What? Is this the same D. D. Palmer who was araigned many times for being drunk and disorderly and for wife beating and child abuse?
      His son B. J. wrote that his sister had many wealts from the thrashings she received, and ran away from home.

      “… a lovely gentleman” Mrs Scholten?
      I think not. You have been mislead.

      • DD Palmer’s son, BJ Palmer (one of Arleen Scholten’s “two lovely gentlemen”), was just as bad, if not worse. He was ruthless businessman. A brief browse through this link [now broken, unfortunately] showed that he was a charlatan and a chancer:

        In 1910, he testified that, at the age of 11, that he had been “kicked from home, forced to make a living” (State of Wisconsin vs. S.R. Jansheki, December 1910).
        He spent years as a vagrant, living largely by hustling on the streets, and slept in dry-goods boxes, hotel kitchens, pool halls, etc. He was permanently expelled from school in the 7th grade, did jail time for petty thievery, and was well-acquainted with the red-light district of town. (Magner, G. Chiropractic: The Victim’s Perspective).
        In the preface to one of BJ’s books, a dean of Palmer College wrote, “The first 20 years of this boy’s life were spent in being educated to hate people and everything they did or were connected with”. (Hender H. Preface. In Palmer BJ. The Bigness of the Fellow Within. Davenport. IA: Palmer School of Chiropractic, 1949)
        Indeed, R.C. Schafer DC, a former director of public affairs for the American Chiropractic Association, reported that as a self-proclaimed ‘keeper of the flame’ BJ was suffocating and ruthless to anyone who dared oppose him, and he remembered him as a bigot and an outlandishly vulgar person. Apparently it was common knowledge that BJ openly supported Hitler in the 1930s (Schafer RC. The imbroglio of the professional greyhound. Dynamic Chiropractic 9(17)10, 1991.) and, like his father, BJ was afflicted by megalomania.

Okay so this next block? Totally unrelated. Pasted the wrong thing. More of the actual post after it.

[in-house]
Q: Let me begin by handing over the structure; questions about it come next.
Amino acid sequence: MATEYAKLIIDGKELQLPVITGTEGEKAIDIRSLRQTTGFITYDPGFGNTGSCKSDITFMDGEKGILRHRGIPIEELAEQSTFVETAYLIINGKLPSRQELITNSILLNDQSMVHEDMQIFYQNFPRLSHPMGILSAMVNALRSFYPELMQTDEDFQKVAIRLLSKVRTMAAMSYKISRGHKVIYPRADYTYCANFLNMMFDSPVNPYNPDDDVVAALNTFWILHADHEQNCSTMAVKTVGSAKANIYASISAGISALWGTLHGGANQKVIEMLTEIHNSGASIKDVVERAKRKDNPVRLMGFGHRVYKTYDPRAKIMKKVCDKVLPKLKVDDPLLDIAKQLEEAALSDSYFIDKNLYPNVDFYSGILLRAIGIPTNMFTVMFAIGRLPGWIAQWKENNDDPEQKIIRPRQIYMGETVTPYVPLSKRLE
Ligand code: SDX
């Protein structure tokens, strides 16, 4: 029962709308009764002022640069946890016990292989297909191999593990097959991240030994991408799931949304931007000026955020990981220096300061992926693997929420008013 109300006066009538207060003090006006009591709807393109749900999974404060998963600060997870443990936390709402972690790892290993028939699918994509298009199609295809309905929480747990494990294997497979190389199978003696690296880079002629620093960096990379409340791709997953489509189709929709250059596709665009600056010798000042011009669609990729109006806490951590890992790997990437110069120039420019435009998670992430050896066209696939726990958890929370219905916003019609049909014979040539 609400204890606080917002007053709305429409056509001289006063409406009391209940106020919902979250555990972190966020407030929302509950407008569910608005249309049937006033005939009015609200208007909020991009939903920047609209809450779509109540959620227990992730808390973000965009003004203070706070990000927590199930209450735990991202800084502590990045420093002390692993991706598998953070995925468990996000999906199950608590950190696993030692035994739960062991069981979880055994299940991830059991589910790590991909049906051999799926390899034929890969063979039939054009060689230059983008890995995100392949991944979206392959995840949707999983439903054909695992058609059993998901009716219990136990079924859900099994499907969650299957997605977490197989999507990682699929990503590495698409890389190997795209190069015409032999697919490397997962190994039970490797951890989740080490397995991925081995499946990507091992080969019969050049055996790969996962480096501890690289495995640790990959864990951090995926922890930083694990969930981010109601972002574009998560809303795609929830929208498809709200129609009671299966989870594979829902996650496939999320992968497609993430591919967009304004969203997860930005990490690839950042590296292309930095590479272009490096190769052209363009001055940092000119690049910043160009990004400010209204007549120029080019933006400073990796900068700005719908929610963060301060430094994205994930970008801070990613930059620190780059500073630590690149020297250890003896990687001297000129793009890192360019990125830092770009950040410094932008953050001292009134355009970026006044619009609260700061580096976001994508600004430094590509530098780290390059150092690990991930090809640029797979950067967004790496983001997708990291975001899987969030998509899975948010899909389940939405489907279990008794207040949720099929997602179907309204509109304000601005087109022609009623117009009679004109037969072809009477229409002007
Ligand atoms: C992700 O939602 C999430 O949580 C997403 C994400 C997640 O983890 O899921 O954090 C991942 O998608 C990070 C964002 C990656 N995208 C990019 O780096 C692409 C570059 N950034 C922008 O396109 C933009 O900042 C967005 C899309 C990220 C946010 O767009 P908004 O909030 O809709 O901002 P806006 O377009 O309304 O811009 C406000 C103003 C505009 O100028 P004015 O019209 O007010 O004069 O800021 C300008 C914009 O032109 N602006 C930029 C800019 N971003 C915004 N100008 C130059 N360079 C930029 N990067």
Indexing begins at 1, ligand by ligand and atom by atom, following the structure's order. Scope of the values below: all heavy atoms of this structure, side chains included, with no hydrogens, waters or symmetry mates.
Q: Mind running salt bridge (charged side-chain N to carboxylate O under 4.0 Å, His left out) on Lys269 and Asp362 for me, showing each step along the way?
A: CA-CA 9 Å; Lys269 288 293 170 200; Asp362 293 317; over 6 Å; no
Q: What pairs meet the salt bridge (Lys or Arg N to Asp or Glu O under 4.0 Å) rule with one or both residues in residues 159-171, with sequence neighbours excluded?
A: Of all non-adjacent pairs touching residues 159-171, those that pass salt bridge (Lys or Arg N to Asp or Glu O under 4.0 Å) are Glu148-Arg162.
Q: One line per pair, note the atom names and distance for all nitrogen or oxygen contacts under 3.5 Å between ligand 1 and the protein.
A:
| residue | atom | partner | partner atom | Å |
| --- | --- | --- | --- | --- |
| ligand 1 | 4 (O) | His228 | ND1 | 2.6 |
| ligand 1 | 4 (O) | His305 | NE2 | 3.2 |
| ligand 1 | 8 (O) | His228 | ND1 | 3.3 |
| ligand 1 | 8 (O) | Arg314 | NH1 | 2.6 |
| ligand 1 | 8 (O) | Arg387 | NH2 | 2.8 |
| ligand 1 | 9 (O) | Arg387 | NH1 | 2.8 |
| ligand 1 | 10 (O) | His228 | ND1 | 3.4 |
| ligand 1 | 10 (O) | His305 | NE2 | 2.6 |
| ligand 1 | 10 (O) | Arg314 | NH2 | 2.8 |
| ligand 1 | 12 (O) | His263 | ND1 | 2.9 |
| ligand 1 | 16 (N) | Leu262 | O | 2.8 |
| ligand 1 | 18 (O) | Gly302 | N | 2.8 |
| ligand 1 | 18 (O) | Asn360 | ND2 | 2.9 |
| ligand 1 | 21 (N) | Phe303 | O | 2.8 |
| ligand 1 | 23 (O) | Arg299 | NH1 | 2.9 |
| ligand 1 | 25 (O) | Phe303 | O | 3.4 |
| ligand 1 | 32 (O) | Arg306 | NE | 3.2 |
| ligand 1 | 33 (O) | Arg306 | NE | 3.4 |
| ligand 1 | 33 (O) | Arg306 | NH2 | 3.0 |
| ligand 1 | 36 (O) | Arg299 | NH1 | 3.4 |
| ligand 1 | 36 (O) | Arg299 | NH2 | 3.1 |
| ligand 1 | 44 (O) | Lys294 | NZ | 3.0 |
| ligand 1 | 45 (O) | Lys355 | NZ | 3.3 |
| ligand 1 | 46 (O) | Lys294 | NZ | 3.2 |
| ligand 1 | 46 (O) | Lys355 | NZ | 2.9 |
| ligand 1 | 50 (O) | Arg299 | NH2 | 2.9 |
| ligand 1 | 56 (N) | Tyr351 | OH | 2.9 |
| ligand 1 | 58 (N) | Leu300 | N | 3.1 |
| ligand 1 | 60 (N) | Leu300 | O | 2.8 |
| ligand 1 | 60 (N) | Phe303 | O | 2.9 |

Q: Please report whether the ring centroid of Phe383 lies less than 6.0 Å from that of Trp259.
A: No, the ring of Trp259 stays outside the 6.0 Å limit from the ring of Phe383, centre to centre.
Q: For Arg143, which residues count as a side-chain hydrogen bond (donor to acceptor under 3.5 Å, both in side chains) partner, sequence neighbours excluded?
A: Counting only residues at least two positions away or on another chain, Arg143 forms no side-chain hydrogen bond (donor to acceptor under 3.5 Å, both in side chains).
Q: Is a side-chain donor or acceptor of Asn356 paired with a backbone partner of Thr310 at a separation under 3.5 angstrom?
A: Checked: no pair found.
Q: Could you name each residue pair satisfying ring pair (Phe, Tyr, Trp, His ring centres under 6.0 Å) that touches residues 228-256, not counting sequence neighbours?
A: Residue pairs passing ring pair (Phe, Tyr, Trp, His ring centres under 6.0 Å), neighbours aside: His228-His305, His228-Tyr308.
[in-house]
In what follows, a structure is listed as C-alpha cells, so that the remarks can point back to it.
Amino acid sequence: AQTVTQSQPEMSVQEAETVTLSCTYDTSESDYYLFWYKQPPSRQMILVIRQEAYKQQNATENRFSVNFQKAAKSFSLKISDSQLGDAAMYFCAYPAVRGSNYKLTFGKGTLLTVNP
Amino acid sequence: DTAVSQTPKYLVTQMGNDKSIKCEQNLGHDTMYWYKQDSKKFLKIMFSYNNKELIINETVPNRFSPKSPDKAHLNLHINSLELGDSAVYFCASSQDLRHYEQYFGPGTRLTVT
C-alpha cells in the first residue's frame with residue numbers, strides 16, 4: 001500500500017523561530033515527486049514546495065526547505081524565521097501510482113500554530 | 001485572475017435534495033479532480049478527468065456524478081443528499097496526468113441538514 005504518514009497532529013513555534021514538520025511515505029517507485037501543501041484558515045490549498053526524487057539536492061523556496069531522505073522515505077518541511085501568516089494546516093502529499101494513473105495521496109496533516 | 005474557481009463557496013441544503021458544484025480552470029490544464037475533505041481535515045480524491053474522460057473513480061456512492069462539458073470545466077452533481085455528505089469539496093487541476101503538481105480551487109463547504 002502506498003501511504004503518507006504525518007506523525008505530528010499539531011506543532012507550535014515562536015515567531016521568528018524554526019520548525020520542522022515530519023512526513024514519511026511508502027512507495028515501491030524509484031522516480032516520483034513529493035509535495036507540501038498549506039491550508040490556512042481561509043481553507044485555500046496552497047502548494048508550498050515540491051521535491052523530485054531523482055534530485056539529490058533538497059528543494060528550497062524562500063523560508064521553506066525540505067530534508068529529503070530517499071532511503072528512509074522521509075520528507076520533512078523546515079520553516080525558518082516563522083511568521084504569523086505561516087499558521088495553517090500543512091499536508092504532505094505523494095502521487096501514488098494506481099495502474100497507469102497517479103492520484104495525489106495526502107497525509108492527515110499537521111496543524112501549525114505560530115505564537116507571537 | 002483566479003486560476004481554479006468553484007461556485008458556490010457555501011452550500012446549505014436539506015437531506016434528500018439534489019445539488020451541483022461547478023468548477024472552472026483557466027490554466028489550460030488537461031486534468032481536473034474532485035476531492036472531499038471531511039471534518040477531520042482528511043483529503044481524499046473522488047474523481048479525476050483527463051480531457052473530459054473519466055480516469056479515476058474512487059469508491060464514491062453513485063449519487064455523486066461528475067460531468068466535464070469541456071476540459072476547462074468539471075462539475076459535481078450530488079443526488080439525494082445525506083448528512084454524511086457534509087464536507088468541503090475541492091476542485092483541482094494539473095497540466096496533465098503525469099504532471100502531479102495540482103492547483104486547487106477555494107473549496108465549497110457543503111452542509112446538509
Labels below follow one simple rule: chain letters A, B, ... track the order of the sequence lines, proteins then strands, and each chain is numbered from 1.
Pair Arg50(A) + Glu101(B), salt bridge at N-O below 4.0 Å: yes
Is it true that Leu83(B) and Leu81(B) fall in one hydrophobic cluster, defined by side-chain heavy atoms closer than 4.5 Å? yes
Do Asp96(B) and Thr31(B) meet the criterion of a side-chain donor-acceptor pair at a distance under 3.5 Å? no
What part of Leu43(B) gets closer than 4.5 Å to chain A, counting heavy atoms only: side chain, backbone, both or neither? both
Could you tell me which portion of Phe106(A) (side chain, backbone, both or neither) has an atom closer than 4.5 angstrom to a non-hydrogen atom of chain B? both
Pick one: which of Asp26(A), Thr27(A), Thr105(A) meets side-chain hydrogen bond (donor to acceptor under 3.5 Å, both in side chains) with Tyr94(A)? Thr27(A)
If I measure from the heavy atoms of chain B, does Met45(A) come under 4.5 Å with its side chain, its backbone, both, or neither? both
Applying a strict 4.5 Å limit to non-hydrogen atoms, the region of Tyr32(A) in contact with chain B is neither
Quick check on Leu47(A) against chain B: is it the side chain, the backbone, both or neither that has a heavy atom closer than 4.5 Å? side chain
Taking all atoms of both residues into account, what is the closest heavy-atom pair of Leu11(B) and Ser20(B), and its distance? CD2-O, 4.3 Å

His book titles revealed an enormous ego and he made many sweeping pronouncements about the nature of health, disease and the human body. His ignorance and ego also combined to discover a ‘duct of Palmer’ connecting the spleen with the stomach’( ) .
        During his pre-chiropractic years he worked with a mesmerist and in a circus – both of which may have honed his showmanship and salesmanship. From the beginning, BJ did everything possible to distance chiropractic from medicine and osteopathy. His views came to dominate the profession and he greatly expanded chiropractic’s metaphysical basis, which constituted a major part of chiropractic education. He described chiropractic as a ‘health serve-us’ (Palmer BJ. Selling Yourself. Davenport, IA: Palmer College Press, 1921)
        BJ also claimed “I do nothing. It is Innate that does the work’ (Bach, M The Chiropractic Sotr. Austell, GA: Si-Nel Publishing & Sales Co., 1968)
        On page 424 of his book ‘Answers’ (1952), BJ refers to Innate as the ‘other fellow’, or the ‘fellow within’, and the real originator of chiropractic.
        And in his book, ‘The Bigness of the Fellow Within’ (1949), he states that “Innate…has been building and running millions of bodies for millions of years” and he exhorted all chiropractors to harness this divine power. He also states: “One spark of Innate is greater than all the education, books, and libraries of man”.
        BTW, it’s worth noting that, in 1901, six years after inventing chiropractic, BJ’s father, DD Palmer, wanted to discard it:

  • I’m not a lawyer but my first thought reading this was that this tragedy shouldn’t be a professional misconduct hearing but a prosecution for manslaughter. I understand that gross negligence would be grounds for that. I hope the family’s legal team support them to seek a trial.

  • John wrote: “my first thought reading this was that this tragedy shouldn’t be a professional misconduct hearing but a prosecution for manslaughter”

    The police declined to prosecute her for manslaughter:

    “Paul Spencer, for Mrs Scholten, said there had already been a detailed police investigation – Operation Coriander. A number of experts had been consulted and there had been an independent review of the evidence by the Crown Prosecution Service. He added: ‘All these experts considered with North Yorkshire Police whether the test for Gross Negligence Manslaughter was met – and concluded it was not’.”